Indians bullpen completely removing room for error

Not just blown leads, but close games turned to blowouts

Alex Hooper
May 24, 2018 - 10:18 pm
May 24, 2018; Cleveland, OH, USA; Cleveland Indians first baseman Yonder Alonso (17) and relief pitcher Neil Ramirez (58) react on the mound as Ramirez is relieved during the sixth inning against the Houston Astros at Progressive Field.

© Ken Blaze-USA TODAY Sports

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Cleveland, OH (92.3 The Fan) – Well, that got out of hand fast.

That is the problem with the Cleveland Indians bullpen. Obviously, they can’t get outs, save Andrew Miller and Cody Allen, when available. The problem is not that only that they cannot get outs, it is just when they cannot get outs.

No lead is safe, no tie is safe, no close deficit is safe.

It is not the case of blowing leads late, where one stopgap can fix everything. It is a matter of everything needing fixing, and there being no stopgap anywhere between starter and closer(s).

Because of how good the starting pitching is, the Indians will continue to find themselves in close games come the 5th and 6th innings. Terry Francona has high-talent relievers for high-leverage situations, but the highest-leverage situations are later innings when the game is close.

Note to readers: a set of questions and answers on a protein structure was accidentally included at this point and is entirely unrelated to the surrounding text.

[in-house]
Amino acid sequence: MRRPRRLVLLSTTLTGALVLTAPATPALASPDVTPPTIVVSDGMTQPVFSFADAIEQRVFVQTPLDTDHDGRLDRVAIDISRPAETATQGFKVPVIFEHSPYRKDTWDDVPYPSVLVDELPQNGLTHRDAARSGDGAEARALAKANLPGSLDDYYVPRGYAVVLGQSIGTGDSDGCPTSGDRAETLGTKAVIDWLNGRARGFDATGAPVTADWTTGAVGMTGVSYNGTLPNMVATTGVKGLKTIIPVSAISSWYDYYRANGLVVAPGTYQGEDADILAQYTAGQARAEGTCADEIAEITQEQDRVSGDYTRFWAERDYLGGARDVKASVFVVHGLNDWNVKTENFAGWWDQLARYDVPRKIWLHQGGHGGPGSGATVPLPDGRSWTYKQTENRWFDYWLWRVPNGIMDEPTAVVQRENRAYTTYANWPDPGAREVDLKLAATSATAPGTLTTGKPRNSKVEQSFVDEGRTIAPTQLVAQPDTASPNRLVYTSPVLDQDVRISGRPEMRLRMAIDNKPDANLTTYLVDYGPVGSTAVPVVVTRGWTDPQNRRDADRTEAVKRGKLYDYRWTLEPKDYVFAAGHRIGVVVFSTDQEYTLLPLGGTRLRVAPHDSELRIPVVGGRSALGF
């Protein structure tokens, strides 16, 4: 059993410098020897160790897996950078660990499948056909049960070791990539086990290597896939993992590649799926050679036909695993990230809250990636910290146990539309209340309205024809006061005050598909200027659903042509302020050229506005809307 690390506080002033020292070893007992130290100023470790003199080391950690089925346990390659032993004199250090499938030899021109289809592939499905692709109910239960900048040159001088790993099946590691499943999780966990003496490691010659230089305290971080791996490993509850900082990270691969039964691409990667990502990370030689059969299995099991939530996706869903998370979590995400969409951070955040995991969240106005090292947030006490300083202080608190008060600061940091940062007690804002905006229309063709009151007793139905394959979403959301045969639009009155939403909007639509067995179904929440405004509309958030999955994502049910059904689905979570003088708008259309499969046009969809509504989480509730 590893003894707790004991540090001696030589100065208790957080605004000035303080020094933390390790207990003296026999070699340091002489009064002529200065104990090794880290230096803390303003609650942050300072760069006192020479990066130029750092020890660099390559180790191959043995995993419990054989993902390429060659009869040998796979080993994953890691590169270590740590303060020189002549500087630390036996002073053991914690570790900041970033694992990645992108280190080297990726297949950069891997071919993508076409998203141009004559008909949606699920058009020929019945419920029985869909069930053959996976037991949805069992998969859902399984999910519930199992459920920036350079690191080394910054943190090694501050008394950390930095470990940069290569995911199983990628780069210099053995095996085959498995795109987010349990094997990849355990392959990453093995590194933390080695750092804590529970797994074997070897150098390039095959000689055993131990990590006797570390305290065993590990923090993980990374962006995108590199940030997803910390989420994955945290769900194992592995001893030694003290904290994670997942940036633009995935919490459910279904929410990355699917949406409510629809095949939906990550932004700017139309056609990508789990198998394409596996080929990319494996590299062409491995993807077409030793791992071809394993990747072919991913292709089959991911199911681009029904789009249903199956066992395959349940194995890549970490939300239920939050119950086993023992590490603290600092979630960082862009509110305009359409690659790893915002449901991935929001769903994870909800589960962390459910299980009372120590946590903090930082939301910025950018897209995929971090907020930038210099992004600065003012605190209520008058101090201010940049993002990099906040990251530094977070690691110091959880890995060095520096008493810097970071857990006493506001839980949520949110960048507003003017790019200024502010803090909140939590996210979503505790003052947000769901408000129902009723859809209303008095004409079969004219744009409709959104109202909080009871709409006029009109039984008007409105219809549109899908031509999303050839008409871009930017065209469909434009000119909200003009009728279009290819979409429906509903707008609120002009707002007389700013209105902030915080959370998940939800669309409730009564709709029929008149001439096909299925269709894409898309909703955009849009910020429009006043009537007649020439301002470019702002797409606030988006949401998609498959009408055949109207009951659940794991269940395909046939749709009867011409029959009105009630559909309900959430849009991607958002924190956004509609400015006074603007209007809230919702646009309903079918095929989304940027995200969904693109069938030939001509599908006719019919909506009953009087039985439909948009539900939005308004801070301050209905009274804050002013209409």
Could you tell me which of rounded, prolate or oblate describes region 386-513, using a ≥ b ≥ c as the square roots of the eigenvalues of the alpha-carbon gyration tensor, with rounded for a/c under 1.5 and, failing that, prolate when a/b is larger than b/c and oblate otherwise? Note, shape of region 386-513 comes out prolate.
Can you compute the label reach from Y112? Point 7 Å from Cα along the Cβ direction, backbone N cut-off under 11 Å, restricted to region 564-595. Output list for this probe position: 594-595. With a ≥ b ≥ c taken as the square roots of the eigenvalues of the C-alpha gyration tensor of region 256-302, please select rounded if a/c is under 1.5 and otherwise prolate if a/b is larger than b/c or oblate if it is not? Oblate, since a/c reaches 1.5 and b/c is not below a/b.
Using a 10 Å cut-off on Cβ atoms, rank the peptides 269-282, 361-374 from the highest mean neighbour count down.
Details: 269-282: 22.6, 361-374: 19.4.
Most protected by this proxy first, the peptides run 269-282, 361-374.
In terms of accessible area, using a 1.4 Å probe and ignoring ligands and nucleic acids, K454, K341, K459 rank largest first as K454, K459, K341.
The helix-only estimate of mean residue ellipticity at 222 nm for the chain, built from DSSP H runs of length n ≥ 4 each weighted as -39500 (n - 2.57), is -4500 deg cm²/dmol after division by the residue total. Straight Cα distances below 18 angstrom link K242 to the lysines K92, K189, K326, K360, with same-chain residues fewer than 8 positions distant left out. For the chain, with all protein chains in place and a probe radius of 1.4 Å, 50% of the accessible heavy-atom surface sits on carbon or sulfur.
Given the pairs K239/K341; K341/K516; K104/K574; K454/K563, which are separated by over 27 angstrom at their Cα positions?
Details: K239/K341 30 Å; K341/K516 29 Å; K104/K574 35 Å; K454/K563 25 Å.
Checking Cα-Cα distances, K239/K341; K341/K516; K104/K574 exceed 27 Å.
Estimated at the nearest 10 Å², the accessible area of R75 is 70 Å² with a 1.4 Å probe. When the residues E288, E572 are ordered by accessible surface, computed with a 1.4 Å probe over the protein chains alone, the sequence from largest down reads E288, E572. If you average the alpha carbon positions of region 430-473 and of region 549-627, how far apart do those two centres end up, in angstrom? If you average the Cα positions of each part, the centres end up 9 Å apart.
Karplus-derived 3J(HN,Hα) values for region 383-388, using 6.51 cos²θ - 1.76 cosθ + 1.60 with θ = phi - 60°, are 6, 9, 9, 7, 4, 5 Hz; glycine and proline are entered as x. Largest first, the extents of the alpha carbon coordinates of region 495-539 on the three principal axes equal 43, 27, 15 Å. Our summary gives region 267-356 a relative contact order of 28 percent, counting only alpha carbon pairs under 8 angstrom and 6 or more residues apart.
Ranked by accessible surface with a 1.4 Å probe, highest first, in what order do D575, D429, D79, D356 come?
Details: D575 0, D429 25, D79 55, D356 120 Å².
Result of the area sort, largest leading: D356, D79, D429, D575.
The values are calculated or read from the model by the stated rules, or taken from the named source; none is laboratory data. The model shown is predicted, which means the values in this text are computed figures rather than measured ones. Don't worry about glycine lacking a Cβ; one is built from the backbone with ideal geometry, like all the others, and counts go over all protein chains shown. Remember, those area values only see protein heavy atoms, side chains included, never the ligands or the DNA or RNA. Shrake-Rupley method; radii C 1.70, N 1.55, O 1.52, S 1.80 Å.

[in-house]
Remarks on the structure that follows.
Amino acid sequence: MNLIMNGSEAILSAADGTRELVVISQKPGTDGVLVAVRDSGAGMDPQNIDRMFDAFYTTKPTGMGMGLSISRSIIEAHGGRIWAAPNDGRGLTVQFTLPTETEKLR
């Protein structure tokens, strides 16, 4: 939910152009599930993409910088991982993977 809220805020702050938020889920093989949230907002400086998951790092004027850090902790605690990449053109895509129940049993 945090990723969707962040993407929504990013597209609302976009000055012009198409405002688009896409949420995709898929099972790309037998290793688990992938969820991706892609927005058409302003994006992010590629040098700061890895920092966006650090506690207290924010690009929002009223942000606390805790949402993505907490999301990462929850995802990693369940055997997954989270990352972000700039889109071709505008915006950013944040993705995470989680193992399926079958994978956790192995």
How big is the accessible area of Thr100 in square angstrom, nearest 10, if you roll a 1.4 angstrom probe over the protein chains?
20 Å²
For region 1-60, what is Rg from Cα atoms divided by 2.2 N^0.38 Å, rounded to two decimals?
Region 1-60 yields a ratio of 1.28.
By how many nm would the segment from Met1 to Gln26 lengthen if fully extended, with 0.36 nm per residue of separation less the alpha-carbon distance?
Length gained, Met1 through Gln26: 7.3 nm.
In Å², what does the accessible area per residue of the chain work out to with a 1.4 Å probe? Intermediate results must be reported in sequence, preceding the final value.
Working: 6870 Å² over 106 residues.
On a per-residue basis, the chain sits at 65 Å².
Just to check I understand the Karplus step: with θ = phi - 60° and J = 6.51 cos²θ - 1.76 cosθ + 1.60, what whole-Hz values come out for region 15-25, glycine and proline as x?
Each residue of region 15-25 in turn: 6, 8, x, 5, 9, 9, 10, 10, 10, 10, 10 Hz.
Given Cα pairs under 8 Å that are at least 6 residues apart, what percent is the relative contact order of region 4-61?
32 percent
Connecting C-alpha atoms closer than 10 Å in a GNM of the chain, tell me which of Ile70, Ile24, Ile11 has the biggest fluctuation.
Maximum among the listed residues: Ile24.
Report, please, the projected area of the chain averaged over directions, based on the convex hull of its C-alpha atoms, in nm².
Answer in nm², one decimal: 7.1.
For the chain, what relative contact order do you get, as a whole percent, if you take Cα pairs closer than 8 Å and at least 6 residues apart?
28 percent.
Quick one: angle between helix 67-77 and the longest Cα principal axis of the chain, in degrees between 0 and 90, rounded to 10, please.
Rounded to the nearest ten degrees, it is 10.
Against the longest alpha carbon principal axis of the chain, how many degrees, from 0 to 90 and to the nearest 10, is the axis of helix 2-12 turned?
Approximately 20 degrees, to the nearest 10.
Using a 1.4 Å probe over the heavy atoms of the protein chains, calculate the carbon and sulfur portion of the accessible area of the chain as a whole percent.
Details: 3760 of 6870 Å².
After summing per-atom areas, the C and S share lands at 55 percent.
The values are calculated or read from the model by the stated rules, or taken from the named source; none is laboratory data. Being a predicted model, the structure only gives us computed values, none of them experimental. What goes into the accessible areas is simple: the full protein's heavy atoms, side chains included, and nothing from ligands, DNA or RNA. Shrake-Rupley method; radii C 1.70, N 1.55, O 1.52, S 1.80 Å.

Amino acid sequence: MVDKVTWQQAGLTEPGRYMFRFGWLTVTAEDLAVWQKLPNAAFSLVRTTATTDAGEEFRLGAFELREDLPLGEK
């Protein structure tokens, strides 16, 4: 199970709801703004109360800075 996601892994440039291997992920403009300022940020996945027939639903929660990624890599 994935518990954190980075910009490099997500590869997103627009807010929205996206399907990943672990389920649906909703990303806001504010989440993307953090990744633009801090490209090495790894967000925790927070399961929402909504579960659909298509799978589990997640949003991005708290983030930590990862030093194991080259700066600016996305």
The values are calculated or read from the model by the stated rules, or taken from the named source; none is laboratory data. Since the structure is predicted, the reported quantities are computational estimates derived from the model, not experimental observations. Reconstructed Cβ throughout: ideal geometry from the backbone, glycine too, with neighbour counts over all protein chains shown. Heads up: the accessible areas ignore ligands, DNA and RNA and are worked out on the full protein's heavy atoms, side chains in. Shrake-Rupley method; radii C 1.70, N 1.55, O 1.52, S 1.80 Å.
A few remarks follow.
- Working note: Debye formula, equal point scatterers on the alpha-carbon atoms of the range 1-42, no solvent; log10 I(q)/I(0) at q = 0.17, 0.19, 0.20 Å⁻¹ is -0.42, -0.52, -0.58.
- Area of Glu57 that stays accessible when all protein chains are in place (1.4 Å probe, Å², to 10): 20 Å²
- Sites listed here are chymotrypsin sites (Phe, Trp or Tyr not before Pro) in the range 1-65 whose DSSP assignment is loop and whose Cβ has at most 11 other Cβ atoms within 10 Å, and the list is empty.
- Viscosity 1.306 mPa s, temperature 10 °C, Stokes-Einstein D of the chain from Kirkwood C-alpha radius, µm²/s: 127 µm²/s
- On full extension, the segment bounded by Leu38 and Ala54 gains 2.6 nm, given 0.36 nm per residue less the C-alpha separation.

Anymore, so long as it is not a starter handing the ball off to the relievers named so far, by the time the innings are later, the game is not close.

Even after Tuesday starter Mike Clevinger allowed a go-ahead, three-run home run to Alex Bregman, the Indians still had a win expectancy of 41.2% according to Fangraphs.

Having better than a 2-in-5 chance to win a game is not horrible odds.

Clevinger allowed singles to Carlos Correa and Yuli Gurriel to start the 6th inning, by no means a great predicament, before Francona made a move to the bullpen as his starter was at 105 pitches. Tyler Olson then allowed a pinch-hit RBI single to backup catcher Max Stassi, and Neil Ramirez allowed a three-hit homer to Jake Marisnick.

Win probability after the Marisnick homer: 5.7%.

Again, fairly obvious observations here as a three-run homer in consecutive innings tilted the balance of a game heavily in another’s favor. But even through their tremendous struggles, Francona has been making an attempt to let his flailing pen enter the game in advantageous situations.

When Evan Marshall entered the 6-3 loss to the Tigers on May 14th in the 7th, the Indians held a 12.1% win expectancy, down 3-1. After Edwin Encarnacion’s solo shot in the 8th, that jumped to 22%. A one-run deficit in three outs, perfectly surmountable, turned to four in the bottom half on a three-run shot from Niko Goodrum.

1.4%. That is the room for error that the manager has when going to his bullpen.

“We’ll keep trying to put them in a position where they can succeed and just – because guys will emerge,” Francona said after Thursday’s loss. “We believe that. Just when you’re going through it during the game, it’s frustrating.”

Teams win games three- or four-run games all the time, but it is the playoff teams that win the games they trail late. For now, the Indians are a playoff team, but the room for error is shrinking.